OS data were used to create the UK estimates for this project, however, these data are not available in other countries. We are now considering other potential data sources that could be used, such as Open Street Map and the Global Roads Inventory Project, to assess whether the methodology used for the UK could be scalable and therefore provide globally-consistent estimates for this indicator.
11.3.1 Ratio of land consumption rate to population growth rate
The aim of goal 11 is to make human settlements inclusive, safe, resilient and sustainable. Target 11.3 focuses on enhancing inclusive and sustainable growth of cities and the sustainable planning of human settlements in all countries by 2030. Indicator 11.3.1 (Ratio of land consumption rate to population growth rate) therefore measures sustainable growth of urban areas and populations.
OS provided analysis for this indicator using data on land-use, derived from the OS Master Map Topography Layer. The data distinguishes between natural and man-made features. We used the coverage of surfaces identified as man-made, to compute growth rates of land consumption between 2013 and 2016. The growth rate of man-made land was calculated for every Lower layer Super Output Area (LSOA), for the three countries in Great Britain (England, Scotland and Wales) and for the whole of Great Britain. Data were only produced for Great Britain, as the OS Land Use Layer is not available for Northern Ireland.
Population growth rates were calculated using the ONS mid-year population estimates for 2013 and 2016.
Rates were calculated using the formula in the UN metadata2. Data could not be calculated for all the LSOAs due to the population growth rates. In areas where population neither grew or declined, the formula could not be applied.
In Great Britain, land consumption grew faster than the population growth rate between 2013 and 2016. Land consumption grew by 4.3% and the population by 1.5%. Only in Wales did the population grow faster than the land consumption rate. Between 2013 and 2016, the population in Wales grew by 1.9% and the land consumption rate by 1.4%. Land consumption rate versus the population growth rate was the highest in Scotland, where the population grew by 1.4% and land consumption by 6.1%. In England, land consumption also grew faster than the population, with land consumption growing by 4.4% and the population by 2.3%. Scotland had the smallest population growth and the highest growth in land consumption, contributing to the high ratio.
The indicator metadata (PDF, 245KB) note that land consumption is more than the increase of buildings and cities, but also recognises the increase in farming, fishery and man-made forests as an increase in land consumption. The data reported for this indicator do not take this into account and therefore only includes man-made structures, such as buildings and roads. We hope to include information on the increase of land use for agriculture and forestry in later releases.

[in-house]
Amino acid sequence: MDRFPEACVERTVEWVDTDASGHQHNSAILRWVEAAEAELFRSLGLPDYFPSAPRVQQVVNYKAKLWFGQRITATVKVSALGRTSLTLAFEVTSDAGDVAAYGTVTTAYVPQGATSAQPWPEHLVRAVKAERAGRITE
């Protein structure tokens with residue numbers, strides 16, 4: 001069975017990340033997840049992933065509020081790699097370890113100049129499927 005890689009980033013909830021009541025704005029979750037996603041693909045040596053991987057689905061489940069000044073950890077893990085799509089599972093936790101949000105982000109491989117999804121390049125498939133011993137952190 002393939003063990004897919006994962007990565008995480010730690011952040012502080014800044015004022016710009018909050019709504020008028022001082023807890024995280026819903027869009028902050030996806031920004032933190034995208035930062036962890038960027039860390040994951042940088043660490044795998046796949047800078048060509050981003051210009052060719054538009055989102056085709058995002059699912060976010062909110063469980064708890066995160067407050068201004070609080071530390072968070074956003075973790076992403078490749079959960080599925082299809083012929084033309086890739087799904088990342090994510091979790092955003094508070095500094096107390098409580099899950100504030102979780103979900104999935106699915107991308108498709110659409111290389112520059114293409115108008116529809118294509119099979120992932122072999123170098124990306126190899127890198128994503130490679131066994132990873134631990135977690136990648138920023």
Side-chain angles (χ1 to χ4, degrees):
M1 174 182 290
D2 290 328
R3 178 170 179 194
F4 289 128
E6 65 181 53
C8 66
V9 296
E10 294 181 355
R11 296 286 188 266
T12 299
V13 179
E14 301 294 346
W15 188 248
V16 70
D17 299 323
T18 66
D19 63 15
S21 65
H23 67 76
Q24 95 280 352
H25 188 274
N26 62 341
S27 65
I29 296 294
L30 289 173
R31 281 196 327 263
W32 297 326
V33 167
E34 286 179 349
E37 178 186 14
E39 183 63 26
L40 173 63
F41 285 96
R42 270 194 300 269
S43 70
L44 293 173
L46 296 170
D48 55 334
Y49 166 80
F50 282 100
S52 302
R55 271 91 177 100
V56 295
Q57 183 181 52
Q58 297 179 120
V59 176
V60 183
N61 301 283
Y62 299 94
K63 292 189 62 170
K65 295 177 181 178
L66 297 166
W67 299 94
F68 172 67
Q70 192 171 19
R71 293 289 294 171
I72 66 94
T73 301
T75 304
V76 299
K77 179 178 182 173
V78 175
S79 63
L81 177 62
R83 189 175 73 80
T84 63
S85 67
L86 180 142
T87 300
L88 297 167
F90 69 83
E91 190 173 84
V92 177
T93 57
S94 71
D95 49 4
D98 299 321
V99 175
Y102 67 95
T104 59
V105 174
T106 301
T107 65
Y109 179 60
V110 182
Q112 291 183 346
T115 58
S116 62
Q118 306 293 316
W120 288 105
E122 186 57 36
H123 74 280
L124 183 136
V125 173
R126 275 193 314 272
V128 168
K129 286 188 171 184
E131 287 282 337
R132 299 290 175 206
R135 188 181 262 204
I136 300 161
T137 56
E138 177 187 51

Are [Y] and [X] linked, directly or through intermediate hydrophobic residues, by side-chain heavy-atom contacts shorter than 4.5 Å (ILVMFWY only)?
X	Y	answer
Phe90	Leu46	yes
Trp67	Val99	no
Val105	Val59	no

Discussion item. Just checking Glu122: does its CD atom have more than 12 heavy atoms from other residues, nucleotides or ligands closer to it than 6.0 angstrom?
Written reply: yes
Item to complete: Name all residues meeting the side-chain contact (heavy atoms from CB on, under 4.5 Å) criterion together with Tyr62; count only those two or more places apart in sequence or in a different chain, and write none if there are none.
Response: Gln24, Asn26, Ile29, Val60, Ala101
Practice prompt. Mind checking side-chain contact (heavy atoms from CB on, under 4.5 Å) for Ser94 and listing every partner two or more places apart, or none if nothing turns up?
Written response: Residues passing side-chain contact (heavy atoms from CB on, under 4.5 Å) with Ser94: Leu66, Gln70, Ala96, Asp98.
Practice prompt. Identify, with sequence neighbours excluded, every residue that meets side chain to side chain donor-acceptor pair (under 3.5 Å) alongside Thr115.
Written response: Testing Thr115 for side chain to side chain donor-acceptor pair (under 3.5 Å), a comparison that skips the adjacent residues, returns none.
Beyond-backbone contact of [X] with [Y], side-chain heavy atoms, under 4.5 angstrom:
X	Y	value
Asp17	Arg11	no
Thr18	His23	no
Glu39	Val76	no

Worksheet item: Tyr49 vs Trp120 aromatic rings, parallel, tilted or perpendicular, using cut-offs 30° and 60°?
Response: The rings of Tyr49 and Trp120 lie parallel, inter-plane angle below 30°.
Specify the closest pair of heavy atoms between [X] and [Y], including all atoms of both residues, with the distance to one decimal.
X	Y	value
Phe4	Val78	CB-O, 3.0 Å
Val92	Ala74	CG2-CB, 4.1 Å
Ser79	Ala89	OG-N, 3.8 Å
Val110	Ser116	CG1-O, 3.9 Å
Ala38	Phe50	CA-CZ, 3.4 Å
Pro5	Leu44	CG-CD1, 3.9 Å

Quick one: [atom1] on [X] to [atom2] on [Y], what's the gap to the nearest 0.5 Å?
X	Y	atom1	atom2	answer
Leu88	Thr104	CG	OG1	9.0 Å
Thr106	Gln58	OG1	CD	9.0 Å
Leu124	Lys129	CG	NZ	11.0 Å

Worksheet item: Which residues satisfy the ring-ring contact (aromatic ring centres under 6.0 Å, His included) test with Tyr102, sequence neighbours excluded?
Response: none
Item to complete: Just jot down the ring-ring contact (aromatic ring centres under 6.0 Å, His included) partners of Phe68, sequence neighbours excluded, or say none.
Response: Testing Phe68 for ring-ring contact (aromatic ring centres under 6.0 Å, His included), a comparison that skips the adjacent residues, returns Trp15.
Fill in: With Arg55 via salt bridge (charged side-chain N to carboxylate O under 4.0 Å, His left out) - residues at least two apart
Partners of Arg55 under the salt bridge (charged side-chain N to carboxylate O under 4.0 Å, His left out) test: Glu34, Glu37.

There is ongoing research within ONS Geography to provide a more scalable solution to the monitoring of land consumption rates, as OS data are only available for Great Britain. The aim is to use satellite imagery to examine the amount of built-up land, in the whole of the UK. We are currently still working to select the right methodologies and processes.
Notes for: Reporting geographical indicators against the Sustainable Development Goals
SDG indicators are divided into three tiers. Tier 1 indicators are conceptually and methodologically clear and have data available in many countries. Tier 2 indicators can be conceptually clear, but data are not collected routinely in most countries. Tier 3 indicators are indicators that are not yet methodologically and conceptually clear, and do not have data collected on a routine basis in most countries.
Population growth rate = LN ((population in 2016 divided by population in 2013) divided by (3)). Population growth rate versus land consumption rate = Land consumption rate divided by population growth rate.
To ensure everyone can see the UK’s progress towards the Sustainable Development Goals (SDGs), we developed an online Reporting Platform with our Data Science Campus. Rather than build something from scratch, we originally based ours on the open source platform developed by the United States. We have since introduced new features including the ability to display disaggregated data for indicators. Being an open source tool means it’s free for other countries to reuse, the source code is available to everyone and is comprehensively documented.
To better communicate geographical data on our Reporting Platform, we are working towards adding new maps to indicators where data are disaggregated by geography. We have geo-coded all data on the platform, so that they are ready for geospatial analysis and mapping.
We will be using a template that provides a more detailed and interactive interface, and the ability to visualise disaggregations, allowing users to investigate spatial trends in more depth. New features will include a search function, a line chart displaying a time series of the selected area and a simple animation showing data changes through time.
As the SDGs are an international effort, we think it is important that our solutions are open source and usable by other countries. The map has shown to be easily adaptable and was used during a recent international workshop to display Rwandan and Ghanaian SDGs’ data.Nôl i'r tabl cynnwys
The data produced during this project are experimental in nature and the approach we have taken to produce these statistics may change over time as data sources, methodologies and software improve.
The data published have been quality assured in a variety of ways:
input sources have been validated and checked; the data Ordnance Survey (OS) produces, which was used for the road network and the Land Use Layer, and Office for National Statistics (ONS) data undergo rigorous quality assurance procedures
outcome data and methodologies were quality assured by geography experts within ONS; where errors or anomalies were found, data were discarded and the methodology re-evaluated
work that ONS and OS produced independently were compared to see if outcomes were similar
We will continue to explore the use of Geographical Information Systems (GIS) and Earth Observation to report against the Sustainable Development Goals. We will also continue our efforts to further disaggregate the data that we currently report.
We are working towards making our methodology scalable to other countries, by investigating alternative open source data and software available in our African statistical partner countries (Ghana, Rwanda and Kenya). We are aiming to work together with others to ensure these methods are available to everyone in the future.
If you have any further questions or comments, or would like to provide feedback on the produced statistics please contact email@example.comNôl i'r tabl cynnwys